So my Queen Street sellers listened to everything I had to say, but still felt the open house was a waste of time.  They agreed that perhaps more people would look at their condo on weekends, but they figured that “somebody” would eventually put in an offer having seen the place with an agent, during the week.

I wanted to pull out my hair.

If you bought shares of General Motors at $10, and it rose all the way to $25, would you sell it for $22?  This is the best example I can think of that shows how these people are leaving money on the table.

They told me further to the point that they “didn’t want strangers trekking through their house.”  I told them that in the last five years, I have run hundreds of open houses, and I have never had a problem.  I have never been present when something was stolen, damaged, or when a stranger made a tuna-sandwich in the sellers’ kitchen.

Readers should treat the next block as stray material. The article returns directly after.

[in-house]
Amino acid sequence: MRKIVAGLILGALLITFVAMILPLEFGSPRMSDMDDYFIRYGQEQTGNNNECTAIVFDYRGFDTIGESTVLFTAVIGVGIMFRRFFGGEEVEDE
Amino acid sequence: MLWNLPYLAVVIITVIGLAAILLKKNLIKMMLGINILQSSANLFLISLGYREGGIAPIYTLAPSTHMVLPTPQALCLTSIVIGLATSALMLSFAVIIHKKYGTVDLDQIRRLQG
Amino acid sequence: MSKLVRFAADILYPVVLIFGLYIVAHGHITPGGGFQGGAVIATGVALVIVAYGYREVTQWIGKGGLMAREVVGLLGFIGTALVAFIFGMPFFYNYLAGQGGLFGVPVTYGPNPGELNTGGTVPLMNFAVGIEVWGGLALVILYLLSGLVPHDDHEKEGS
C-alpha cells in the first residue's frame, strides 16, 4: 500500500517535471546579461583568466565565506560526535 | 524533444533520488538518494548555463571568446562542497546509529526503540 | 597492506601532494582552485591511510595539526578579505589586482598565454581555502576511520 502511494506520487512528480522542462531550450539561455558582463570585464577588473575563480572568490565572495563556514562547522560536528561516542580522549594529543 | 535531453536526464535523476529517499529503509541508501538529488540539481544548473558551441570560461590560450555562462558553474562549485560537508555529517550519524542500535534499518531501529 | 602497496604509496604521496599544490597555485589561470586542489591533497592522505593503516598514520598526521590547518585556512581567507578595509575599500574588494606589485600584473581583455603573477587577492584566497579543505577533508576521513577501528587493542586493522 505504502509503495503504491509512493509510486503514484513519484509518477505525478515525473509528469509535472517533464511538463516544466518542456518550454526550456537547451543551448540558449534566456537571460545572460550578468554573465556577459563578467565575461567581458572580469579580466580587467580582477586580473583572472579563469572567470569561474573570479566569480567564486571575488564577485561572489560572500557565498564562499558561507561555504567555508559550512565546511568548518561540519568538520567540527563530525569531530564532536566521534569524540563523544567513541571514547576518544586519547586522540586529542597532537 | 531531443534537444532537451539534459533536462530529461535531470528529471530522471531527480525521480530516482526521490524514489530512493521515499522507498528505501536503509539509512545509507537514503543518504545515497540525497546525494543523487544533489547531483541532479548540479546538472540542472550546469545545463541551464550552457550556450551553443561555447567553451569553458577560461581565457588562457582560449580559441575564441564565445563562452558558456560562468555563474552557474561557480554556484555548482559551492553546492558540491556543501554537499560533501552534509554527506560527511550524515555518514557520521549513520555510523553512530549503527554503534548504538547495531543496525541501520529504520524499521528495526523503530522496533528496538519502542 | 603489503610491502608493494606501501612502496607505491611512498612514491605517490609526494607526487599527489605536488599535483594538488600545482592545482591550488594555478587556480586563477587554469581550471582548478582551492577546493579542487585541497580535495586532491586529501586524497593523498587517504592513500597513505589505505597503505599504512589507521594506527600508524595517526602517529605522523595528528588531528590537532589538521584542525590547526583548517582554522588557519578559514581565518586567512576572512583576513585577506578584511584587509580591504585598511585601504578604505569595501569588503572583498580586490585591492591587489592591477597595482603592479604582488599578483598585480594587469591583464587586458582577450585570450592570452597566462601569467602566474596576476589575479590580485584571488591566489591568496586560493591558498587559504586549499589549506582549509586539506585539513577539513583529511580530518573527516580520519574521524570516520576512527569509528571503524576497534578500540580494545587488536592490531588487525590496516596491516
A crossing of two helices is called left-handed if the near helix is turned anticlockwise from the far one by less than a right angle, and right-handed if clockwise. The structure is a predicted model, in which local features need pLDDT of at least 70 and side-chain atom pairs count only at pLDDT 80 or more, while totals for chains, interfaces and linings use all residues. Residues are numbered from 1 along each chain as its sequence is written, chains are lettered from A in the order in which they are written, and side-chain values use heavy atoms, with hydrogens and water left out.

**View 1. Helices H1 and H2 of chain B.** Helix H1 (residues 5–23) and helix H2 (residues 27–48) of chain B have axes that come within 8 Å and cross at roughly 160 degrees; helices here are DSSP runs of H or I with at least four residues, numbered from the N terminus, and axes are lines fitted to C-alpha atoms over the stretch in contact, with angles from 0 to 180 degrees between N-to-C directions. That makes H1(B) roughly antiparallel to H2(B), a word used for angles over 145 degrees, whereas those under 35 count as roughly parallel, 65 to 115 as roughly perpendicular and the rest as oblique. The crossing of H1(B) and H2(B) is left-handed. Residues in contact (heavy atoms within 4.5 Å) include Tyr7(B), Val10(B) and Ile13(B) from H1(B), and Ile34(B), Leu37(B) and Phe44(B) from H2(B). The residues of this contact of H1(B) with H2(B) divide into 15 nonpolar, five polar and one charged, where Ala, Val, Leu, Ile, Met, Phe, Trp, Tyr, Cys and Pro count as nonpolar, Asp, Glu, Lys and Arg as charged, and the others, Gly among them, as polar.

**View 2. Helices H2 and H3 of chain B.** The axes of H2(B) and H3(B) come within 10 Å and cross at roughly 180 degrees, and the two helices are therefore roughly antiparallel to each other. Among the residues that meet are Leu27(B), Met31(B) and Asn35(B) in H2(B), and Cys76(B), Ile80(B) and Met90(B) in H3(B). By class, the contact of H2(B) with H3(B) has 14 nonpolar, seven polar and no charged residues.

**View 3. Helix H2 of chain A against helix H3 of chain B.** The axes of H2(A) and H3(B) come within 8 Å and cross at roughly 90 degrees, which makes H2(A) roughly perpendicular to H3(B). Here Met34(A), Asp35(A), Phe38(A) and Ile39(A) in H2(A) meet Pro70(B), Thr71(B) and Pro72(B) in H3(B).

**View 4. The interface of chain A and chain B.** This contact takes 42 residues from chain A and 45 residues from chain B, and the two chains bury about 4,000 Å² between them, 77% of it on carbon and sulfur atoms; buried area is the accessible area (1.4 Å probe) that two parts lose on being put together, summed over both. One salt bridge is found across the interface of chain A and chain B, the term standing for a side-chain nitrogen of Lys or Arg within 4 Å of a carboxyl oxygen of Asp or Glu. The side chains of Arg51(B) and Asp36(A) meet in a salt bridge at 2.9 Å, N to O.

None of this mattered to them, however.  They were jet-set on limiting the number of people who crossed their humble threshold, and were content on leaving the sale of their property to chance.

I’m of the mindset that as a Realtor, you do everything possible to expose the property to the market, and further promote the property to everybody and anybody that you can.

By suppressing your buyer pool, you are only asking for disappointment.

The old adage, “If it ain’t broke, don’t fix it” rings true in this case.  Open Houses are an institution in real estate marketing, so why would anybody in their right mind forego one?

It’s a question I’ll be asking myself as I watch that Queen Street property sit on the market…..likely listed by another Realtor…

Written By David Fleming